Charles Fréger: Namahage
Ashizawa, Oga, Akita Prefecture
Yokainoshima, the island of monsters, is part invention and part illumination of these spirits that continue to influence and impact Japanese culture, appearing in elaborate costumes at festivals and rituals to mark the changing of the seasons. Harbingers of fortune, abundance and fertility, their apparition in dance and regalia beguiles onlooking revellers and strikes fear into the hearts of youngsters.
Charles’ series of photographs, shot on digital medium format over the course of two years whole voyaging through the archipelago, captures these cultural traditions as they live and breathe today. Part artistic preoccupation, part creative ethnography, his series of carefully composed portraits channels the essence of what makes makes these spirits such an enduring and transcendental cultural phenomenon.
A man of immense enthusiasm and commitment to his craft, we were lucky enough to catch Charles between flights and projects for a fascinating chat about his photo series and the Yokai spirits exquisitely ensnared within.
Where did the idea for the Yokainoshima project originate; how did you come to find this subject to study?
When I finished Wilder Mann in 2011, my photographic series of European spirits and folkloric traditions, I started to look for different directions to pursue this project. I heard that there was one tradition very similar in the north of Japan. This was the tradition of the Namahage in Akita, a kind of Yokai I later learned through research; the Namahage are the first characters of the book.
From then I fixated on the idea. I managed to get there during the festival in 2013 and on my way Reiko Tetsuda who is the curator at Le Forum in Tokyo, asked if I was ready to go further and to do the project across the whole country.
It’s really that Yokainoshima was supposed to be a second chapter, another aspect of this type of tradition in the world. But what I found was very different in a way. There’s a completely different world there.
How did you decide the locations for the shoots?
The backgrounds are always the backgrounds surrounding the villages where I photograph. Although I am really free to go wherever I want, and then I can drive around and find the space that I feel connects with the type of costume or the type of character.
I am also limited or exposed to certain rules of the groups, which are for example that the characters can’t get out of certain spaces or locations – like the characters or spirits can’t get out of the temple. They live in there. All the appointments were I had to meet the groups at the temples, they were the headquarters of the groups representing the spirits.
Your use of background in your photographs is often very distinctive, what motivates these choices? Were they necessarily connected to the ideas behind the spirits here?
The insular aspect of Japan is very much central to these images: with the sea as a background, or sometimes with the characters really standing in the water. I really liked working with the seaside and the ocean, all the islands where I have been. Like the one on the cover of the book for example.
So the choice is not so connected to where the world takes place, I could bring a deer in the sea as well as a lion. And that’s what I did. The logical place for such tradition is maybe the square of the temples, or a street through the village, or sometimes in the theatre.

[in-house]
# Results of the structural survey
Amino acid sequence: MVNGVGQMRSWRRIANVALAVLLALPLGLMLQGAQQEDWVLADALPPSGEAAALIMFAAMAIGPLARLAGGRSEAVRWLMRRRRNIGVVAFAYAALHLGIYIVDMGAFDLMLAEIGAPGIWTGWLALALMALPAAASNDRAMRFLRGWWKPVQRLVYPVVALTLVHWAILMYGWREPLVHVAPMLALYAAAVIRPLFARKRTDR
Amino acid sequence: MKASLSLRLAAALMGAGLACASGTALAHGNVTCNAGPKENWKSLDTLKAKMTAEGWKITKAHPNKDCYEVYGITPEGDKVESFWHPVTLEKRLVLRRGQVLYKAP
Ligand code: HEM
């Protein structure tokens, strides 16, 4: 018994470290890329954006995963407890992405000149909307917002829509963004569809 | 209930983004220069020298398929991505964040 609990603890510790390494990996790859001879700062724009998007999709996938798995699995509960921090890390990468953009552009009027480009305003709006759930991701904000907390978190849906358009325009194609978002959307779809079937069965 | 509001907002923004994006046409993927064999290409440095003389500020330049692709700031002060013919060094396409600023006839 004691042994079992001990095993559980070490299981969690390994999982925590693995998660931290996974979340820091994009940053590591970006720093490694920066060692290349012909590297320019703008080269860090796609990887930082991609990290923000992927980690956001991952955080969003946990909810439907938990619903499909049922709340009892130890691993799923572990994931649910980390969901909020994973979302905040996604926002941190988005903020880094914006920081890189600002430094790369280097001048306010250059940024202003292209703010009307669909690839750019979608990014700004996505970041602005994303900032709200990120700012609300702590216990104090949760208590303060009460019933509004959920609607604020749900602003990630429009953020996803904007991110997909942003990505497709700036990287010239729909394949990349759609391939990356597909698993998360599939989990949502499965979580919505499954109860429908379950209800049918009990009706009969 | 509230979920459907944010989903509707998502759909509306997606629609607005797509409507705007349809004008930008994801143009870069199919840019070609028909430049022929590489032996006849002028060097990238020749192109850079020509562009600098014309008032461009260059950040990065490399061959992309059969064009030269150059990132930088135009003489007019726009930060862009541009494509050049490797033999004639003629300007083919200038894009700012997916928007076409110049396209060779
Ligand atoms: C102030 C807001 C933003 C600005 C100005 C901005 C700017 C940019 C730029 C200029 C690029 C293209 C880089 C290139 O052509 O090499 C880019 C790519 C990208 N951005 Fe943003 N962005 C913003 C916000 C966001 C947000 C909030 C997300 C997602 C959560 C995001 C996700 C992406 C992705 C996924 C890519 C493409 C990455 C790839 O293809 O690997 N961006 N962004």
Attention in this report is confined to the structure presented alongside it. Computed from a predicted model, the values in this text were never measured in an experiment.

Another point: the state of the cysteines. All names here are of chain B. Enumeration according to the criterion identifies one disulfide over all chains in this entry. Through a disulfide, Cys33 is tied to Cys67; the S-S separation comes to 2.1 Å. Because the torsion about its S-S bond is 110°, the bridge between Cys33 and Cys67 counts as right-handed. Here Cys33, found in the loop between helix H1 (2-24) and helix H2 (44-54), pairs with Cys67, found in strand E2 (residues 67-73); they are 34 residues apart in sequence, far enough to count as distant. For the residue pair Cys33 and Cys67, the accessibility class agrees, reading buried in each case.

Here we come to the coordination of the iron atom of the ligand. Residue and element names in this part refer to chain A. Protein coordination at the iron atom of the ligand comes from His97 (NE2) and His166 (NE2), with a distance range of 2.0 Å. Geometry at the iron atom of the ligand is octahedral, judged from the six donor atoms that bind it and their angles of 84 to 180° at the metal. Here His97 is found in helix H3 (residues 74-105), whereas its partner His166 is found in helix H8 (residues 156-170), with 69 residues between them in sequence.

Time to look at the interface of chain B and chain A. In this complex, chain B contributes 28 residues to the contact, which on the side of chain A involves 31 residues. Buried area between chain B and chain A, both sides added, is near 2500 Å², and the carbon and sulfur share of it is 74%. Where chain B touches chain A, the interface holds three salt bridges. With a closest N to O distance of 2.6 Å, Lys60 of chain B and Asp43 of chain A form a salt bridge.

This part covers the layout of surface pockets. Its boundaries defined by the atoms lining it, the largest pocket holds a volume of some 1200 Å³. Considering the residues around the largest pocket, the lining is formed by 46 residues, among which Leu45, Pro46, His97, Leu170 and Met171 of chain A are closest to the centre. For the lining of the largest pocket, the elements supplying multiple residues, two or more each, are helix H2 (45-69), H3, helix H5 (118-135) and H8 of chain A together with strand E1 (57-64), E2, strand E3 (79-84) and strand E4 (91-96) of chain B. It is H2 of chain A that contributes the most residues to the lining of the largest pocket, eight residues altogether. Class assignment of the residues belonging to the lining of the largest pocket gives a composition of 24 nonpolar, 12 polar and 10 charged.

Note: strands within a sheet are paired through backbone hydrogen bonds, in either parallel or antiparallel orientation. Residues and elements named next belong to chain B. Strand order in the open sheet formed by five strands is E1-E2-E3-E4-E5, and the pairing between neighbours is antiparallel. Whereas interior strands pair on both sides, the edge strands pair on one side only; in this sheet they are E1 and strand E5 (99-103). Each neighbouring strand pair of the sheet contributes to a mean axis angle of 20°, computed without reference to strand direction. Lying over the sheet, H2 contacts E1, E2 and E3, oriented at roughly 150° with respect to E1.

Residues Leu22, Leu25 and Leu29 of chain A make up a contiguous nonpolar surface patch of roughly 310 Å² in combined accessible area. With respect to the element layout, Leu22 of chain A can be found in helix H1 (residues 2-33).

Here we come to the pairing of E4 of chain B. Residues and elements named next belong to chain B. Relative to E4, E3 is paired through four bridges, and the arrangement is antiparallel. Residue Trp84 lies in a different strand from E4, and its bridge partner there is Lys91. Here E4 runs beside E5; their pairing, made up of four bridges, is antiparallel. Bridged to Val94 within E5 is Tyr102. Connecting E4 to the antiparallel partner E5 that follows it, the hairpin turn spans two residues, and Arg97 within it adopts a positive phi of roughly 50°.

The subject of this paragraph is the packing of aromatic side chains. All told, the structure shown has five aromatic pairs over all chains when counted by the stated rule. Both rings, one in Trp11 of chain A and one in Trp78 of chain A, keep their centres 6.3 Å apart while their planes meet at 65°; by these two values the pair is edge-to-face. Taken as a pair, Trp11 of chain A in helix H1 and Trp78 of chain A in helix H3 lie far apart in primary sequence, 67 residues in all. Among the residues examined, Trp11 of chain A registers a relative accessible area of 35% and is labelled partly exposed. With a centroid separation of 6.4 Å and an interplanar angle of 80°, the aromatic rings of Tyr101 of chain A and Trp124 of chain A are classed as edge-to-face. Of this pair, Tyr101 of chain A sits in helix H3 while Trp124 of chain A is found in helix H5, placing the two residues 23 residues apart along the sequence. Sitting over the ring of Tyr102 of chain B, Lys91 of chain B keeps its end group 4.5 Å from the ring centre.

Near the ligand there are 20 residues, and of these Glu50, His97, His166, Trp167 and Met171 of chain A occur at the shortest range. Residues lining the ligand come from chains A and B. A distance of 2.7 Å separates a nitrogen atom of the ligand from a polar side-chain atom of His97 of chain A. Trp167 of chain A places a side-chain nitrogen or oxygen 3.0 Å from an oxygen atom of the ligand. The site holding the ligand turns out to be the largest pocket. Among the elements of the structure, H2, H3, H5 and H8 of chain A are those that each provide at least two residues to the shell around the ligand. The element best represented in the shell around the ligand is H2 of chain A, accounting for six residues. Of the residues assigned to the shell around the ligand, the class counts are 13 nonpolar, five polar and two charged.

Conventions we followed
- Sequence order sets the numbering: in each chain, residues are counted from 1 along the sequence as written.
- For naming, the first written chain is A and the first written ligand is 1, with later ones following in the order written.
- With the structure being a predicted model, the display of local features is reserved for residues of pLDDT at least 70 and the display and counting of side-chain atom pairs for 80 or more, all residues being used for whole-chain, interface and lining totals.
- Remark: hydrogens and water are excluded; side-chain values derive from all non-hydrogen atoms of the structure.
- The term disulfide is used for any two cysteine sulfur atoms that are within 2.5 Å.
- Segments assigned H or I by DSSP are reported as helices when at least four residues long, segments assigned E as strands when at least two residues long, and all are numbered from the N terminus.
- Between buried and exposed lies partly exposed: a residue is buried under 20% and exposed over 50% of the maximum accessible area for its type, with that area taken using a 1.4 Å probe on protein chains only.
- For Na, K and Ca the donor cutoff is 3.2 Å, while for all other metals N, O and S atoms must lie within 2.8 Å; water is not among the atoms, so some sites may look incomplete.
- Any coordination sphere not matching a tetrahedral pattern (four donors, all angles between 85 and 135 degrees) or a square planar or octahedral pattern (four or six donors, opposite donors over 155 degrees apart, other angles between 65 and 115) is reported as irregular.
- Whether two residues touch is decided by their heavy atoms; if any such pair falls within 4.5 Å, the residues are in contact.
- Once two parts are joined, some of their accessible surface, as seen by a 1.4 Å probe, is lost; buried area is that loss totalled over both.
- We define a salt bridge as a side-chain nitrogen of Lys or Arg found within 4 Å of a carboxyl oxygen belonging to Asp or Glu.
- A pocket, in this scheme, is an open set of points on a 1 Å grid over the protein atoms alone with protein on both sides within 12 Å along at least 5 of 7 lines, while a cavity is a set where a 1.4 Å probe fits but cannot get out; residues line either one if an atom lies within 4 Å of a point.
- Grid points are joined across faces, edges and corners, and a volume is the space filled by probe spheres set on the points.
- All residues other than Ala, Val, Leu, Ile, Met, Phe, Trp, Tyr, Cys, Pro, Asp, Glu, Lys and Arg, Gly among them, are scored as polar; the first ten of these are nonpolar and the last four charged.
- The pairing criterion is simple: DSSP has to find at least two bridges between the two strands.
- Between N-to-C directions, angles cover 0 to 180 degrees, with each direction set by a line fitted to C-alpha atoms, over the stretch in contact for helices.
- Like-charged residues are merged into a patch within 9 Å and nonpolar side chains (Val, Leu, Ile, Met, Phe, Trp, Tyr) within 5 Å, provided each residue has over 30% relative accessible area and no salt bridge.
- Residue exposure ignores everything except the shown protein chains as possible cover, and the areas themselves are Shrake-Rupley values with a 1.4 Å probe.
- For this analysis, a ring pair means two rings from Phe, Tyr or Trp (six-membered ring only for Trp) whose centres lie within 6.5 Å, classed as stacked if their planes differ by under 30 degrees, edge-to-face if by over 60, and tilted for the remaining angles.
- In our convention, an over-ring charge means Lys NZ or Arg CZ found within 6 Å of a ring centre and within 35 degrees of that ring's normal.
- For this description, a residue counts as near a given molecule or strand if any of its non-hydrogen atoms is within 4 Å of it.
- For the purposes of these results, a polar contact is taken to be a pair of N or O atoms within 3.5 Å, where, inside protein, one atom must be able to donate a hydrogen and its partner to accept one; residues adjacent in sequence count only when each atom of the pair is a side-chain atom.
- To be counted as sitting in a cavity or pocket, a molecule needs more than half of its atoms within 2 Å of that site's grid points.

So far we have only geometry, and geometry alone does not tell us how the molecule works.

How much of your work is a question of documentary, and how much is it a question of capturing an artistically imaginative image?
The documentary aspect is secondary. The main point for me is that these photos is that I capture the image I have in mind, which involves these silhouettes.
I am really interested and fascinated by such silhouettes so I really carefully select what I photograph. I am not like an ethnographer who has a certain plan or a certain logical plan connected to their science. I photograph what I want and where I want. I am very selective. I don’t pick everything. I choose something which I feel connected with.
Would you say there is a sense of anthropology in your work, in the way you catalogue traditions?
For sure, there is enough information here to please someone who wants to know about the traditions, or for someone who wants to have an overview. Because in fact there is no ethnographer or anthropologist who is so objective. Everyone has a subjectivity where you make a choice, and you go somewhere because you have a desire. And that’s the way I work.
So most of the photographs in that book connect to my personality as well. It’s really the choice or desire to picture certain characters, for instance I like certain types of Japanese festival, folklore, costume and certain kinds of Yokai and monsters.
What can you tell me about your understanding of Toshigami?
Toshigami are gods for the New Year, that’s basically what it means.
My Yokainoshima characters are only partly Toshigami, the winter characters who come for the New Year. Of course, New Year you have to realise was originally the Chinese New Year because the calendar in Japan changed so they now make it early January. But the Toshigami are like the Namahage of Akita I first encounted. Then there’s the Suneka of Iwate prefecture, and Toshidon in Kagoshima in the South of Japan, and so on.
They’re clearly an enduring tradition. What can you tell me about your understanding of what the Toshigami mean to Japanese people today, and their rich history?
Basically they are the gods coming from the mountain to the population, so most of the time they are a bit scary and are supposed to scare the kids.
There is a wide variety of Toshigami. Some are like monsters, what you may really call Yokai. Some are like lions, or tigers, or straw men.